You can point out various disparities between the two sides to highlight the lop-sided nature of this series. For starters, England have bowled 31 no-balls as compared to only eight by Australia. England have a solitary century thus far in comparison to Australia’s four. As a result, Australia have amassed 400-plus totals twice while England’s highest total is 297. You can sense where this is going.
In another highly significant difference, England are in a predicament about whom to pick. Even if they want to replace someone, they don’t have convincing replacements. Now, they are close to staring at an empty barrel with an evergrowing list of injury concerns.
Australia, on the contrary, face the question of whom to leave out. Be it Travis Head’s hundred at the Gabba, Jhye Richardson’s five-for in Adelaide or Scott Boland’s player-of-the-match performance in Melbourne, everyone coming in has responded well. On Day 2 of the Sydney Test, Usman Khawaja added to the tally with an emotional comeback hundred. On Day 4, he enhanced it, creaming his second hundred of the match.
Before the Test, drafted in at the expense of the unavailable Travis Head, Khawaja said he is aware it is a one-off opportunity, irrespective of what he does. After his high-quality century in the first innings, he still carried the same passive outlook towards the situation. “This series, it was going to be one and moving forward, I was not thinking much,” said the left-hander after his 137 on Day 2.
It is one thing scoring a comeback ton. Joining an elite club that has only five other Australians - Warren Bardsley, Arthur Morris, Steve Waugh, Matthew Hayden and Steven Smith - to score twin hundreds in an Ashes Test is completely another. It is what Smith had done in 2019, quashing the doubts if the quality of his batsmanship will remain intact after a gap of one year. Khawaja did not overcome a similar challenge but it will still be remembered alongside Smith’s feat in conversations regarding iconic Test comebacks.
Moreover, it is the contrasting style of the two innings that vouches for a longer run for Khawaja. In the first innings, he structured his innings under cloud cover. He had to grind his way out of a tough phase. It took him 134 balls to reach his first fifty runs.
In the second innings, England were losing steam, if they had any, amidst bright sunshine. Khawaja unleashed the shots he had learned for his success with Sydney Thunder. He slog-swept for six, he reverse-paddled over the in-field for four. It took him 131 balls to reach his hundred, three less than what he required for fifty in the previous innings. Uz, as he is fondly known, exhibited all shades of batting.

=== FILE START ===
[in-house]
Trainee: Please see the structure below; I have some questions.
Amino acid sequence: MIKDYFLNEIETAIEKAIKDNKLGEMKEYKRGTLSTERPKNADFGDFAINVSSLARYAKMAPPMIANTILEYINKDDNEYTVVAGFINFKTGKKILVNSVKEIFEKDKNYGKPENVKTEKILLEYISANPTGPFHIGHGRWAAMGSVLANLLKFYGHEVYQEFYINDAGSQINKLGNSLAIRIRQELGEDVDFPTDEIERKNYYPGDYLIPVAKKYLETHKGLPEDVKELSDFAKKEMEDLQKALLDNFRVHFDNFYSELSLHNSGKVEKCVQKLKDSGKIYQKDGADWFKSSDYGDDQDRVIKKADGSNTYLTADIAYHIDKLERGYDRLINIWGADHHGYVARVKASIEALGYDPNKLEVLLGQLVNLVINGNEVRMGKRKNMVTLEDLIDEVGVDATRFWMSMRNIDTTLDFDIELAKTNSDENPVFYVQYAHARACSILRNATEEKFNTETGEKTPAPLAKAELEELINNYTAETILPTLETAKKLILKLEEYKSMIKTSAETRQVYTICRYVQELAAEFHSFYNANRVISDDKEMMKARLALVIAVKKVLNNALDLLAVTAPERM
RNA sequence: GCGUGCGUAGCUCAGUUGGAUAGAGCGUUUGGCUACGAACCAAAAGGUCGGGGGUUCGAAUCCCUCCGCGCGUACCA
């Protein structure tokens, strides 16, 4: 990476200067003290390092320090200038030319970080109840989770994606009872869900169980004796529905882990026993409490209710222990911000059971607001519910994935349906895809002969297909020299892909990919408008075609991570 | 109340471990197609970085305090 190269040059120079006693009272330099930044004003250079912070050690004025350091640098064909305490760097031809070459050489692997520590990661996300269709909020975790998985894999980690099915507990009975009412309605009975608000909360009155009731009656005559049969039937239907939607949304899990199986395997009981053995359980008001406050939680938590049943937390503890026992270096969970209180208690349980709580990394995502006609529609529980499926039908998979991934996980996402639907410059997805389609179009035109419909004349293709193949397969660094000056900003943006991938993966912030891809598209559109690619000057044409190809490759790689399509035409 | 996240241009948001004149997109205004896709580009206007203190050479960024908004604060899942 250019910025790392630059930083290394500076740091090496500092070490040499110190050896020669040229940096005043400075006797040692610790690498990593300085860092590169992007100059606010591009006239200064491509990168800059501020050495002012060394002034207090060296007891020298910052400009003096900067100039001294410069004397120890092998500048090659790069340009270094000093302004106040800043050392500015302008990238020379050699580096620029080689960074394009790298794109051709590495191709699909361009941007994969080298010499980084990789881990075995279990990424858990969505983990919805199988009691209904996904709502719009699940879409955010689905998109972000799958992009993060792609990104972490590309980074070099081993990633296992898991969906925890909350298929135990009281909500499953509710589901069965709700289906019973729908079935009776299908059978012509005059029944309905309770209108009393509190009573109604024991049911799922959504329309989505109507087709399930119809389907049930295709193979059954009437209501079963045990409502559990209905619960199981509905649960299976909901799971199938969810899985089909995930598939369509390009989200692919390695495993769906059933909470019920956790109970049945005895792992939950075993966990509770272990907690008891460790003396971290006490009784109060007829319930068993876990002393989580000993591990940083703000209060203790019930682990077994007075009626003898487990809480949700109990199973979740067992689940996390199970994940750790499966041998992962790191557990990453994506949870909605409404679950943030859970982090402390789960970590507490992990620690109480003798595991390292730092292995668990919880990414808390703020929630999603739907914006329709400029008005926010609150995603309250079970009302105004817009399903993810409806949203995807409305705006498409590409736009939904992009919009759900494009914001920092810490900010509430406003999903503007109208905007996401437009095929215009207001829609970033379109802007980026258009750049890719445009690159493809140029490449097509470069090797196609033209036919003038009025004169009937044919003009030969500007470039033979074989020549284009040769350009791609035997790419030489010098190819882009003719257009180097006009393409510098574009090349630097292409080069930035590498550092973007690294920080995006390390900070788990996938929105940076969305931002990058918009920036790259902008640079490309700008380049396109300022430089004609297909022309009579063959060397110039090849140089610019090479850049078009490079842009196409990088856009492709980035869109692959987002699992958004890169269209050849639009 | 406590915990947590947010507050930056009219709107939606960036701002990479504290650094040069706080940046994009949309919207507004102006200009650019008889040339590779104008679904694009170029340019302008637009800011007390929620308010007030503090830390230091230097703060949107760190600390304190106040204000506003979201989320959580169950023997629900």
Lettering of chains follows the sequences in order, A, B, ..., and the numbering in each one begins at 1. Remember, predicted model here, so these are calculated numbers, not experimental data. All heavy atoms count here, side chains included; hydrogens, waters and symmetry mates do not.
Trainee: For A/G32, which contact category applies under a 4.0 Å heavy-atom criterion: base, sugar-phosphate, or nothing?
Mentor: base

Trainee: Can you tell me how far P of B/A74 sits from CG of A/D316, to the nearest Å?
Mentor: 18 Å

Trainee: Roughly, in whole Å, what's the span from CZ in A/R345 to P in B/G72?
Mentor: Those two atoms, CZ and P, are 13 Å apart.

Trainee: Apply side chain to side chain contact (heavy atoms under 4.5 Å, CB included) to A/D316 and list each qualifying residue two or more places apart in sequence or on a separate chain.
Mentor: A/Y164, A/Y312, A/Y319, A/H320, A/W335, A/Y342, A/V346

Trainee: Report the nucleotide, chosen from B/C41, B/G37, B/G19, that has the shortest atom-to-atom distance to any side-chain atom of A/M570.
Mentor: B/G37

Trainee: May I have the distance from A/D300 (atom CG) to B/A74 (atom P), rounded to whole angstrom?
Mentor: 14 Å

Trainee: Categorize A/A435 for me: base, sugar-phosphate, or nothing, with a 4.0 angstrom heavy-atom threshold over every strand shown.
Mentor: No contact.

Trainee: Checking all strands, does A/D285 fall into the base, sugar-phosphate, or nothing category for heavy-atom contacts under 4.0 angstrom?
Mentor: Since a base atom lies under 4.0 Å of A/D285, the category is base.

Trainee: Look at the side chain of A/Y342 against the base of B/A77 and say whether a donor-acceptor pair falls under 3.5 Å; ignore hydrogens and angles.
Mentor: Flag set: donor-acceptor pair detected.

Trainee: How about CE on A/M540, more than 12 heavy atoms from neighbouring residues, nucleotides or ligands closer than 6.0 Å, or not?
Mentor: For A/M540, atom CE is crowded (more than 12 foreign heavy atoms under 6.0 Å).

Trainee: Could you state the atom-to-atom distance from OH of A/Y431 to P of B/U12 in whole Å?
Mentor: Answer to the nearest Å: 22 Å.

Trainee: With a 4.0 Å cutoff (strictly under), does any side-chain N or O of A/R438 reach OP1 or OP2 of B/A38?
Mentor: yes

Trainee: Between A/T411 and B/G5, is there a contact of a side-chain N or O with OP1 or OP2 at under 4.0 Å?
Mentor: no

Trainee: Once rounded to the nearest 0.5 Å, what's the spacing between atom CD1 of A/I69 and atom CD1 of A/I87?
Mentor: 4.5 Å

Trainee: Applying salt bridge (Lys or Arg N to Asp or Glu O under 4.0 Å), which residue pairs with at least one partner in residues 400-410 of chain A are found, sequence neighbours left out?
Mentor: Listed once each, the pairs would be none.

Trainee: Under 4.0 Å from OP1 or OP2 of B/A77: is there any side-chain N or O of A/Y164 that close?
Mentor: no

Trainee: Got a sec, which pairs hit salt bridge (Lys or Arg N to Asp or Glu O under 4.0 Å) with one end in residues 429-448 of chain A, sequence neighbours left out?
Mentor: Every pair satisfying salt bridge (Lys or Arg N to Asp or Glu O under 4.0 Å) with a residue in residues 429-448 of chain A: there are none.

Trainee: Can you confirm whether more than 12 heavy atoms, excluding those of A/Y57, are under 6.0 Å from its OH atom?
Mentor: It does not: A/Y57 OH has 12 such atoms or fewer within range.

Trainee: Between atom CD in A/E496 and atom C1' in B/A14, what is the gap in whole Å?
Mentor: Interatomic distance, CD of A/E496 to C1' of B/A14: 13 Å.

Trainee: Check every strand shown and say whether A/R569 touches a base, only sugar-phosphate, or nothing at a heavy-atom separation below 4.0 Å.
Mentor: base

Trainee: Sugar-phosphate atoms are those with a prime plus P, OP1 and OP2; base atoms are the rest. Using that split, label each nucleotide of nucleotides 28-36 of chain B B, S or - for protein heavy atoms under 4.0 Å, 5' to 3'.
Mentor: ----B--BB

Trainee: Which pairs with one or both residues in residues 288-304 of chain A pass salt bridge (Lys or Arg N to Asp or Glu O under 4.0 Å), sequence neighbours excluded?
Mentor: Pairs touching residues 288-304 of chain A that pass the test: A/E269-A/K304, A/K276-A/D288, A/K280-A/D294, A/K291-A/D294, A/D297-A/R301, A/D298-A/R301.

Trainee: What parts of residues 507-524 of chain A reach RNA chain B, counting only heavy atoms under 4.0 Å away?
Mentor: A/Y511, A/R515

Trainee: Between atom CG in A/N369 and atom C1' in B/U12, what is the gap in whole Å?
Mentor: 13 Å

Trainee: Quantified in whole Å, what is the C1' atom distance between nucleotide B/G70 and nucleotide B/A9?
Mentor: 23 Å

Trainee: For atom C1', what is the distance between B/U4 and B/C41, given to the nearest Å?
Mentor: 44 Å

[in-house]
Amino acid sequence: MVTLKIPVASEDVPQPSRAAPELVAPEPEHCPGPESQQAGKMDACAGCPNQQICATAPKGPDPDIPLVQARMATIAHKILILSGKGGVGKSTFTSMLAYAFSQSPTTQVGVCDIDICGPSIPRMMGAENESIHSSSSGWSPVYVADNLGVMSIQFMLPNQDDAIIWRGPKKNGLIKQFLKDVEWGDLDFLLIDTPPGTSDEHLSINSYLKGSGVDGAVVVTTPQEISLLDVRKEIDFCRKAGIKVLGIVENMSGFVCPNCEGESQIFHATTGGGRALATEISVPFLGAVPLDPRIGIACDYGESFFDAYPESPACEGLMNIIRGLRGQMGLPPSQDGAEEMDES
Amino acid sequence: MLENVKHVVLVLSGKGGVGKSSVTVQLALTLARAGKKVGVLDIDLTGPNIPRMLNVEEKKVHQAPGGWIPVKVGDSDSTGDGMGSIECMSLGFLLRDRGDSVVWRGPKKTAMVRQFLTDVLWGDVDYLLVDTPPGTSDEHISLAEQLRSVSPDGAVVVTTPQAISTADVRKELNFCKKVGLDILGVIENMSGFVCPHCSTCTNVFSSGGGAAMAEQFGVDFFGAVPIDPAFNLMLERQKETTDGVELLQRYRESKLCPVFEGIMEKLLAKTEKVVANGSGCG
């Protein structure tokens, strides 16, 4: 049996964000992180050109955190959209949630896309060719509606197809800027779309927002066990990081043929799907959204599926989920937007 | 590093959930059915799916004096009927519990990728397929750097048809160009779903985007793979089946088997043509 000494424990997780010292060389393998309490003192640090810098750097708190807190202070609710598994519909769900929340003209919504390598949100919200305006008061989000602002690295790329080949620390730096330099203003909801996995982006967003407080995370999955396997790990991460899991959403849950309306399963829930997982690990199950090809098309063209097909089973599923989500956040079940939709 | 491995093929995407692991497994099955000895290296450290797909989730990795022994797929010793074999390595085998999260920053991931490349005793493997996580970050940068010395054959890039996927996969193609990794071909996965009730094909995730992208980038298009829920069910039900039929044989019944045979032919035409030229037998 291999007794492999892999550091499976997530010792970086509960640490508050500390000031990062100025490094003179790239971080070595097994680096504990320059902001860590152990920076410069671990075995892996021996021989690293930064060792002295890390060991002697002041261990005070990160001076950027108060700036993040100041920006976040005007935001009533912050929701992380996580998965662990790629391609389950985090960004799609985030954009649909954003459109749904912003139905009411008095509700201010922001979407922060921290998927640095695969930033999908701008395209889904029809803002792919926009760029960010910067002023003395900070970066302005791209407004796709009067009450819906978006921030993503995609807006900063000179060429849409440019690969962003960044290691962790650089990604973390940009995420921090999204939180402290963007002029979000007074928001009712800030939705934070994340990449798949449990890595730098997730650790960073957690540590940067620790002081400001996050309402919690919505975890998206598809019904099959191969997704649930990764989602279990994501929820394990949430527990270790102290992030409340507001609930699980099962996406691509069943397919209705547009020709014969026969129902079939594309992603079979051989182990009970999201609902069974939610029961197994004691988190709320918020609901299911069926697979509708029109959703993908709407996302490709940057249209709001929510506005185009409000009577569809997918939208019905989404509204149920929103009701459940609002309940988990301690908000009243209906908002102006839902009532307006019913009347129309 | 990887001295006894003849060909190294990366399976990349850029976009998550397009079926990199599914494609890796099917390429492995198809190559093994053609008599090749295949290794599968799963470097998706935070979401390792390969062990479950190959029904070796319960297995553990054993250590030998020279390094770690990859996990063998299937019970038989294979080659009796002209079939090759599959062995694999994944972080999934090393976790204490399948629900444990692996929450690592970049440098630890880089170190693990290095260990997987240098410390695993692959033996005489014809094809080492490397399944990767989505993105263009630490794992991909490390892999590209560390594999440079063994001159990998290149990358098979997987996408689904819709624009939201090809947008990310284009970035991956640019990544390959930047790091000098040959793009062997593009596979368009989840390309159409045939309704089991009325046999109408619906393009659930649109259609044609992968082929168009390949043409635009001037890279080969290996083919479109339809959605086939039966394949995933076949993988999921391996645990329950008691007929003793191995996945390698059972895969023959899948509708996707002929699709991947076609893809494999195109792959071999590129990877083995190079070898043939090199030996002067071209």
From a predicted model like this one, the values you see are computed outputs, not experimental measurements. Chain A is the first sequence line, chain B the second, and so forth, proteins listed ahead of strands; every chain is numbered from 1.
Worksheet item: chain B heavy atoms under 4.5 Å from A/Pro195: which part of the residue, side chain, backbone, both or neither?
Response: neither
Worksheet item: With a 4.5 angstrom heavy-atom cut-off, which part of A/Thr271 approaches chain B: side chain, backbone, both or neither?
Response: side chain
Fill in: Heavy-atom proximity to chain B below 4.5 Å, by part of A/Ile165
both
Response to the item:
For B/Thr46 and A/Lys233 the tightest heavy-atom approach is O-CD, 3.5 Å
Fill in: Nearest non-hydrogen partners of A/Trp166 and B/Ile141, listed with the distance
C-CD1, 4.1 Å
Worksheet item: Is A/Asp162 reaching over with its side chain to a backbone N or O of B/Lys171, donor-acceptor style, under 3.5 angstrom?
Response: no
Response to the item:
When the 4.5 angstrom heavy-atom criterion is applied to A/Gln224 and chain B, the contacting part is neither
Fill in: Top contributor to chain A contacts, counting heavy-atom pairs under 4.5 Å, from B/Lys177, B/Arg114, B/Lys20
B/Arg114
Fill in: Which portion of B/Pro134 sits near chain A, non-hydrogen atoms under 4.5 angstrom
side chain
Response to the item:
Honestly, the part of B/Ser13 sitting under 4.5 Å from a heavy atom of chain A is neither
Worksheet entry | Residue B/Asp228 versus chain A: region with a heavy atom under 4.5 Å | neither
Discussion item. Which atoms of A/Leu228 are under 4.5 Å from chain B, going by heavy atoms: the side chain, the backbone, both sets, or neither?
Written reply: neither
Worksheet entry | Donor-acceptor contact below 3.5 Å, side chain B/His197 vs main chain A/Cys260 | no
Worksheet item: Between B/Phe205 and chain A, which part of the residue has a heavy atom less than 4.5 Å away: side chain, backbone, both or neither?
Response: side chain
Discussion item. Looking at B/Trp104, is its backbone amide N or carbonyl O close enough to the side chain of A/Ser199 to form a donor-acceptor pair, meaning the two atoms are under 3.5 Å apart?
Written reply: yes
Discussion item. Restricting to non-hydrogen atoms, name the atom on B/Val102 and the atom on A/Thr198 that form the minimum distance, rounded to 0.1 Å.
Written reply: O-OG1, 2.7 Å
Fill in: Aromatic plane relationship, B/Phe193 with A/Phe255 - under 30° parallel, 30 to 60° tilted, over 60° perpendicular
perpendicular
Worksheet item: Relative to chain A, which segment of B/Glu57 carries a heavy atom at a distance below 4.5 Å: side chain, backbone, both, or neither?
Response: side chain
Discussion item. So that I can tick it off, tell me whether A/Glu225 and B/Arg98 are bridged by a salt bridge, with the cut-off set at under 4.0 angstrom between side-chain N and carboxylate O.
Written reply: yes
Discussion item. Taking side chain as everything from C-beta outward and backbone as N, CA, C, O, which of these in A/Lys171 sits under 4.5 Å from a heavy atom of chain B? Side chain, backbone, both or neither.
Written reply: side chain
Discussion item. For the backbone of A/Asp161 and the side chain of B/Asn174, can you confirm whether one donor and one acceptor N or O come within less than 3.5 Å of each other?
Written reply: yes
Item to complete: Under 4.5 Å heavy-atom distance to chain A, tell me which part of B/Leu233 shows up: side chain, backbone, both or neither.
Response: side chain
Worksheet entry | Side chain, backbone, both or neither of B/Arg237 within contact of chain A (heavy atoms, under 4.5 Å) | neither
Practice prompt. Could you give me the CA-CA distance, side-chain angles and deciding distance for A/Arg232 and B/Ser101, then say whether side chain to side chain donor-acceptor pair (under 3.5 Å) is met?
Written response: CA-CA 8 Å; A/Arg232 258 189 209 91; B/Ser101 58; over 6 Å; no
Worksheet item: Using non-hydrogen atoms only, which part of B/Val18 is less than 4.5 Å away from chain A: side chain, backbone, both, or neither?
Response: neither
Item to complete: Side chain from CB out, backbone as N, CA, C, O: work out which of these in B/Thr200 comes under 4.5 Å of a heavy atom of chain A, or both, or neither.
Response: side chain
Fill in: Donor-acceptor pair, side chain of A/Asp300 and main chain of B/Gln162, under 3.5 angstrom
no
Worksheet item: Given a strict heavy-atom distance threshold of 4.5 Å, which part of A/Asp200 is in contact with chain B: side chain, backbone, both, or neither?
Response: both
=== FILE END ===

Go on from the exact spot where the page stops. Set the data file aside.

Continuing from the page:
Yet, he has come to terms with a longer wait for his next Test cap. "At the moment I'm probably quite resigned to the fact that I will miss out [from the Hobart Test]," Uz said today. "I actually like the process the selectors have been taking. At the moment I'm not expecting to play the next Test but I'll always be ready. Who knows someone else may get Covid or something else happens.”
There is only one other occasion of a batsman not getting picked after scoring twin hundreds in a match. It dates back to 99 years ago when Jack Russell never represented England again after becoming their first batter to notch up twin hundreds.
Meanwhile, Head deserves his spot back at the back of an impactful 152 in the first Test, probably the innings of the series.
This leaves Australia the sole option of dropping Marcus Harris. The left-handed opener has played 14 Tests for Australia, delivering only three fifties. His spot was under scrutiny until he top-scored with 76 at the MCG, the most challenging wicket in the series. Coach Justin Langer talked about the flashes of brilliance in Harris in 2018. The MCG knock was the first time those flashes popped up. He also looked solid in both innings in Sydney, before squandering those starts.
29 years old, Harris is six years younger than Khawaja which works in his favor. However, Australia’s upcoming assignment, a challenging away tour of Pakistan, offers sense to persisting with the 35-year old. He is one of the better players of spin bowling in Australia. His match-saving 141 in Dubai in 2018 comes to mind.
If the change is made, Khawaja will play the Hobart Test as an opener in all likelihood. "You can't really compare five to opening, I know because I've done both," said Khawaja today. "Opening is very tough. All I've done is got an opportunity with Australia, scored some runs and the hunger is still there.” The southpaw will also take confidence from his Test average of 96.8 in seven innings as an opener.
In any case, Khawaja is expected to make the trip to Pakistan as a squad member if not as a certain part of the XI. The fact that he is born in Pakistan adds a sentimental value beyond cricketing reasons which all of us would like to see.
“It would be pretty cool. That is where I was born. I have played in India, played in Bangladesh, played in Sri Lanka. It is amazing that I haven’t played in my country of birth,” Khawaja told after his hundred on Tuesday (January 6).
The problem of plenty is good but sometimes it can put you in a fix. Whatever decision the selectors take, including coach Langer, it will leave someone with a frowned face. Even though it came at the expense of injuries to Richardson and Josh Hazlewood, Scott Boland has got the chance to build on his astonishing Test debut. Similarly, the world would like to see Khawaja continue his Test career as well.
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